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The chaos of the University of Maryland is rooted in high sporting goals



Six years ago, the University of Maryland enthusiastically announced that it had leapt to become one of the nation's most powerful sports conferences, a move that promised its promise of wealth and prestige.

The Gambit This Week On three turbulent days when the president announced his retirement, the spectacular exploded, the football coach was dismissed, and the chairman of the university council resigned.

The trigger was the death of a football player named Jordan McNair from the June Heatstroke after an exhausting practice on a hot spring day.

The resulting controversy became a power struggle fueled by tremendous financial and political pressure. And above all that hovered the death of a 19-year-old and the question of who should be held accountable at the University of Maryland.

Eventually, the week's turmoil created tensions among those trying to protect a large college student sports program and those who feared that treating the death of McNair would seriously damage the university's image, and a fundraiser in $ 1.5 billion was aimed at raising the academic status of the school.

"We involved politicians, students and the public wondering what's going on," said Mike Freiman, former president of the Terrapin Club, a sports fundraising organization.

Under the University President, Wallace D. Loh , a threesome was held, football coach DJ Durkin, and Board of Regents political chairman James T. Brady At the end of the week, Mr Durkin and Mr Brady were over, and Mr Loh was sent to the end of the academic year Retirement.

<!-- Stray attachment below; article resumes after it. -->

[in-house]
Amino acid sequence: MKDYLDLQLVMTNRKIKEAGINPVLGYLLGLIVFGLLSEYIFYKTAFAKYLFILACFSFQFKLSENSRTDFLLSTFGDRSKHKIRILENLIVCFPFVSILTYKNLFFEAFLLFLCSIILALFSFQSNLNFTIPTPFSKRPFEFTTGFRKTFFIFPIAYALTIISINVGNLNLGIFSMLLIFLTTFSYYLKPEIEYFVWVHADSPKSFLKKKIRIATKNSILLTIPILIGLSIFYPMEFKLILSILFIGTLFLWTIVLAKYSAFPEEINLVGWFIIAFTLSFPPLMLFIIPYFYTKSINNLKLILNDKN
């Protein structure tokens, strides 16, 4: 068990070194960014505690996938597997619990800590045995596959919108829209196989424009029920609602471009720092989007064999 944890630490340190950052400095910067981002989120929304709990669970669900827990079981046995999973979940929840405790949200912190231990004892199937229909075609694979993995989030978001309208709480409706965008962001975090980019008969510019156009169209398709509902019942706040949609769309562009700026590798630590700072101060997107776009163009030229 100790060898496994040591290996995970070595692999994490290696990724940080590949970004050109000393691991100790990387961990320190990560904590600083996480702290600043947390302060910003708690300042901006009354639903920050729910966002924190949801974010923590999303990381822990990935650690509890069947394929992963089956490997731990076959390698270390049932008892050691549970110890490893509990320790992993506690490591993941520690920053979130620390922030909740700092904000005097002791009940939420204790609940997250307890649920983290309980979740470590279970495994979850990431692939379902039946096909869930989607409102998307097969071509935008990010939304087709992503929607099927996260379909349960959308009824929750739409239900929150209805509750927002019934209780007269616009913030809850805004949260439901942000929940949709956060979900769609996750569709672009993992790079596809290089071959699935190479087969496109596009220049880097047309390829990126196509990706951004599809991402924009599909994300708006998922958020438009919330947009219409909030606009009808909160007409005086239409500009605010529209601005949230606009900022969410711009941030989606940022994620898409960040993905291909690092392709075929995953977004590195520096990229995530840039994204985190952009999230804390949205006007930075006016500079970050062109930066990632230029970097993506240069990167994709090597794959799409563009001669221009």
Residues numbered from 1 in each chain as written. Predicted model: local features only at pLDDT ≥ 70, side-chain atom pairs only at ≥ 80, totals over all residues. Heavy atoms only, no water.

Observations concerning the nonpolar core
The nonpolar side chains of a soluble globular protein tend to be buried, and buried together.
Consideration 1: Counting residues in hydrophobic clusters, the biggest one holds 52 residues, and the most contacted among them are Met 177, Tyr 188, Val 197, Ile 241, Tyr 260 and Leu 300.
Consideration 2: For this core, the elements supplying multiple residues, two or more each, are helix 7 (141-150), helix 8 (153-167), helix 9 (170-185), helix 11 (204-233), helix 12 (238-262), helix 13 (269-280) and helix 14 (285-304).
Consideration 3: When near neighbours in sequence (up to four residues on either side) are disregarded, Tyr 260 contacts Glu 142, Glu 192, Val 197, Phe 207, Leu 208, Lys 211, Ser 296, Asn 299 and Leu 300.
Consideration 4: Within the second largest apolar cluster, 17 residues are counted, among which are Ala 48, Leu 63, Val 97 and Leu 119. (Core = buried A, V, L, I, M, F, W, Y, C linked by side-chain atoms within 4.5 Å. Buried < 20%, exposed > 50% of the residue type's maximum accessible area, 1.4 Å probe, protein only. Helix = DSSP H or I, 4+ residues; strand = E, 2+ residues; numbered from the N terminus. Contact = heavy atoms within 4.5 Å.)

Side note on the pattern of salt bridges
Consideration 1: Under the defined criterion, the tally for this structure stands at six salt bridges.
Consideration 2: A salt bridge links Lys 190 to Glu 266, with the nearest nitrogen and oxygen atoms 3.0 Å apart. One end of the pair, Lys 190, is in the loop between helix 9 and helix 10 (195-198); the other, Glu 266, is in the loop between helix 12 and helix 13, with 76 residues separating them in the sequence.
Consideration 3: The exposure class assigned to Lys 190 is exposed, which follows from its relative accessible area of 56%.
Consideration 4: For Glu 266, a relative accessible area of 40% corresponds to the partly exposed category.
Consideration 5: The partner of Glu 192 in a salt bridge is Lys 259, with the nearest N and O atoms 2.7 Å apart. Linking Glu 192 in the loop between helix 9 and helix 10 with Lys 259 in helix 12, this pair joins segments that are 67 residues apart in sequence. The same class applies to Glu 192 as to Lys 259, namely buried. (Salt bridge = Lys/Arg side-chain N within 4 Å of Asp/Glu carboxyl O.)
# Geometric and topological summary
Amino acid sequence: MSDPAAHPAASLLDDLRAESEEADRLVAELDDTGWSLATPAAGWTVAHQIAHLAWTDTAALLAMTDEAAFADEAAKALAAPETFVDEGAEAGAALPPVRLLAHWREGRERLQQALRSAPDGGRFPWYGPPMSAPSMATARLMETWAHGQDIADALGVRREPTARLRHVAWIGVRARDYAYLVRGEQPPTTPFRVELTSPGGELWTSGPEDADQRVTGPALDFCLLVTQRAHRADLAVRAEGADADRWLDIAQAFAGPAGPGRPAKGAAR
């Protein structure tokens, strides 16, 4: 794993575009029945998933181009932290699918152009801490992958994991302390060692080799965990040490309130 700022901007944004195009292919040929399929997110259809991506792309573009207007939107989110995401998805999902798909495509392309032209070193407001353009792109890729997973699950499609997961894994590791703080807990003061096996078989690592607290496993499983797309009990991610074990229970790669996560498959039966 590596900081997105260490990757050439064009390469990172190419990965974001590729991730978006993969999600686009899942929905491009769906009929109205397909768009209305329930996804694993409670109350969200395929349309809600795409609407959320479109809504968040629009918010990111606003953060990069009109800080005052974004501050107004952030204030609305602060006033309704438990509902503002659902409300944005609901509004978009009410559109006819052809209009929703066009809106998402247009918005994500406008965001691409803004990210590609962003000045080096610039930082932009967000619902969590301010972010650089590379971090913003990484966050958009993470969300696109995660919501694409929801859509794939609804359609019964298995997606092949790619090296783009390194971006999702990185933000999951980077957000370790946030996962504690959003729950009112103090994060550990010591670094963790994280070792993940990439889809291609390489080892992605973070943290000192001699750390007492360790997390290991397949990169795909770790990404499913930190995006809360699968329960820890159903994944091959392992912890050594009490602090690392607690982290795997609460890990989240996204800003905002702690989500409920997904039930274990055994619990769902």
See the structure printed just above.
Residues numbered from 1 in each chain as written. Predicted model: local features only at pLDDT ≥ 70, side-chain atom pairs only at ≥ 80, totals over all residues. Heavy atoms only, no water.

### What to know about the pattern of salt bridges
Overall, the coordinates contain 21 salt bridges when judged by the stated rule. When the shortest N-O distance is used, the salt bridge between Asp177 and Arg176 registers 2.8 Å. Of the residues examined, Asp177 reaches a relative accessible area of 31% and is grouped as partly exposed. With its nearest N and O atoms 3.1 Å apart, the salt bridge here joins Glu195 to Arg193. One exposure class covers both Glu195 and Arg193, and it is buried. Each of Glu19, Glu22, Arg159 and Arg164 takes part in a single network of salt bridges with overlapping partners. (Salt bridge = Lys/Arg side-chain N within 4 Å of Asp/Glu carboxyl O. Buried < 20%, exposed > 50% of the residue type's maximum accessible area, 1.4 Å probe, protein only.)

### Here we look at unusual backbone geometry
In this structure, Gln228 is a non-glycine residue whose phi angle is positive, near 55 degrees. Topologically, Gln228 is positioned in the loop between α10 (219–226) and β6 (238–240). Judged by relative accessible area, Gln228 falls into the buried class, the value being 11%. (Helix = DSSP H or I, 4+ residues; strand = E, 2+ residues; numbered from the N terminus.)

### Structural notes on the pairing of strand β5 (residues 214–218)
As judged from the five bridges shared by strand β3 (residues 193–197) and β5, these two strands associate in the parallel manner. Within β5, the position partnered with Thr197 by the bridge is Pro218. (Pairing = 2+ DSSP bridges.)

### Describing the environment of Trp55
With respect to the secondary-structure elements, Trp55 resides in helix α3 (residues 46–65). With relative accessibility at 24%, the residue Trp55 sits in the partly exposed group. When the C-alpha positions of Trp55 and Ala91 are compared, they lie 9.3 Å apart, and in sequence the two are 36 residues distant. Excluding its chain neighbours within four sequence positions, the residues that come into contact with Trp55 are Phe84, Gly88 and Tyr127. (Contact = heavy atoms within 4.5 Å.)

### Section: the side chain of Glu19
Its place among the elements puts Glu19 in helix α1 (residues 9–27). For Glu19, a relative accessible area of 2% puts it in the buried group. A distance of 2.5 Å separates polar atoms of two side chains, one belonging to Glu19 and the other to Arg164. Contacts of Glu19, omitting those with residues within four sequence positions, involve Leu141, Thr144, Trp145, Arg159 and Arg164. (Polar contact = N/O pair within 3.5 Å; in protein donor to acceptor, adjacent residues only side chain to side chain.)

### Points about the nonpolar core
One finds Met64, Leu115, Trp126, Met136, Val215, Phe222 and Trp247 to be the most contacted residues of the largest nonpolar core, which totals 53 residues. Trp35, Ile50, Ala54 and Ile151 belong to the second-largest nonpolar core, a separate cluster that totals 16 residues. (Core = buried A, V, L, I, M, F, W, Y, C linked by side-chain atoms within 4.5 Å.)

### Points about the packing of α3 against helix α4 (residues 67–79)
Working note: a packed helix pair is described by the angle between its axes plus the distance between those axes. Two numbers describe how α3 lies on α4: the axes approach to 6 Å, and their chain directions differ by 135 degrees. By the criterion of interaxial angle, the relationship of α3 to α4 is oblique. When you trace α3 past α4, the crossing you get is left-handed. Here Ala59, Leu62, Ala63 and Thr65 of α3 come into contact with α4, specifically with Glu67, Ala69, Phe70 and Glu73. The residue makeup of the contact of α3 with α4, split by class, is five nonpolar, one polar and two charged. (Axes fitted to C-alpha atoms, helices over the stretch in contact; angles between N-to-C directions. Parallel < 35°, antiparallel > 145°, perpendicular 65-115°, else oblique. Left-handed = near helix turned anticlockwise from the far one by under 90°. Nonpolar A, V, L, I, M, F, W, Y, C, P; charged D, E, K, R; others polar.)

The governor, Larry Hogan, a Republican seeking a re-election in a magazine Blue State, also entered the fight as public pressure increased, the university's donors were increasingly infuriated and his Democratic challenger denouncing his inaction, Governor Hogan expressed his displeasure at how the board handled the crisis.

On Tuesday, anger grew after the board had announced, as Mr. Loh looked clearly annoyed, that Mr. Durkin would remain the trainer of the school despite a very critical account of the culture of the football program.

Mr. Loh, who had been pushing to move to the Big Ten, wanted to dismiss Mr. Durkin, but was overruled by the board under Mr. Brady's leadership.

Despite this, public outrage over Durkin holding his job during his term of office Next year, he would leave, encouraging Mr. Loh to reject the wishes of the Board and to fire Mr. Durkin on Wednesday. Mr. Brady resigned the next day after losing the support of Governor Hogan, whose campaign he had conducted in 2014.

This last maneuver report is based on interviews with more than a dozen people close to the process. most people refused to be identified because they were not allowed to speak publicly about private conversations. The representatives Loh and Durkin rejected this.

At the end of last week, the 17-member board met at the headquarters of the Maryland University System in Baltimore. It gradually received Mr. Loh, Damon Evans, the athletic director, and Mr. Durkin.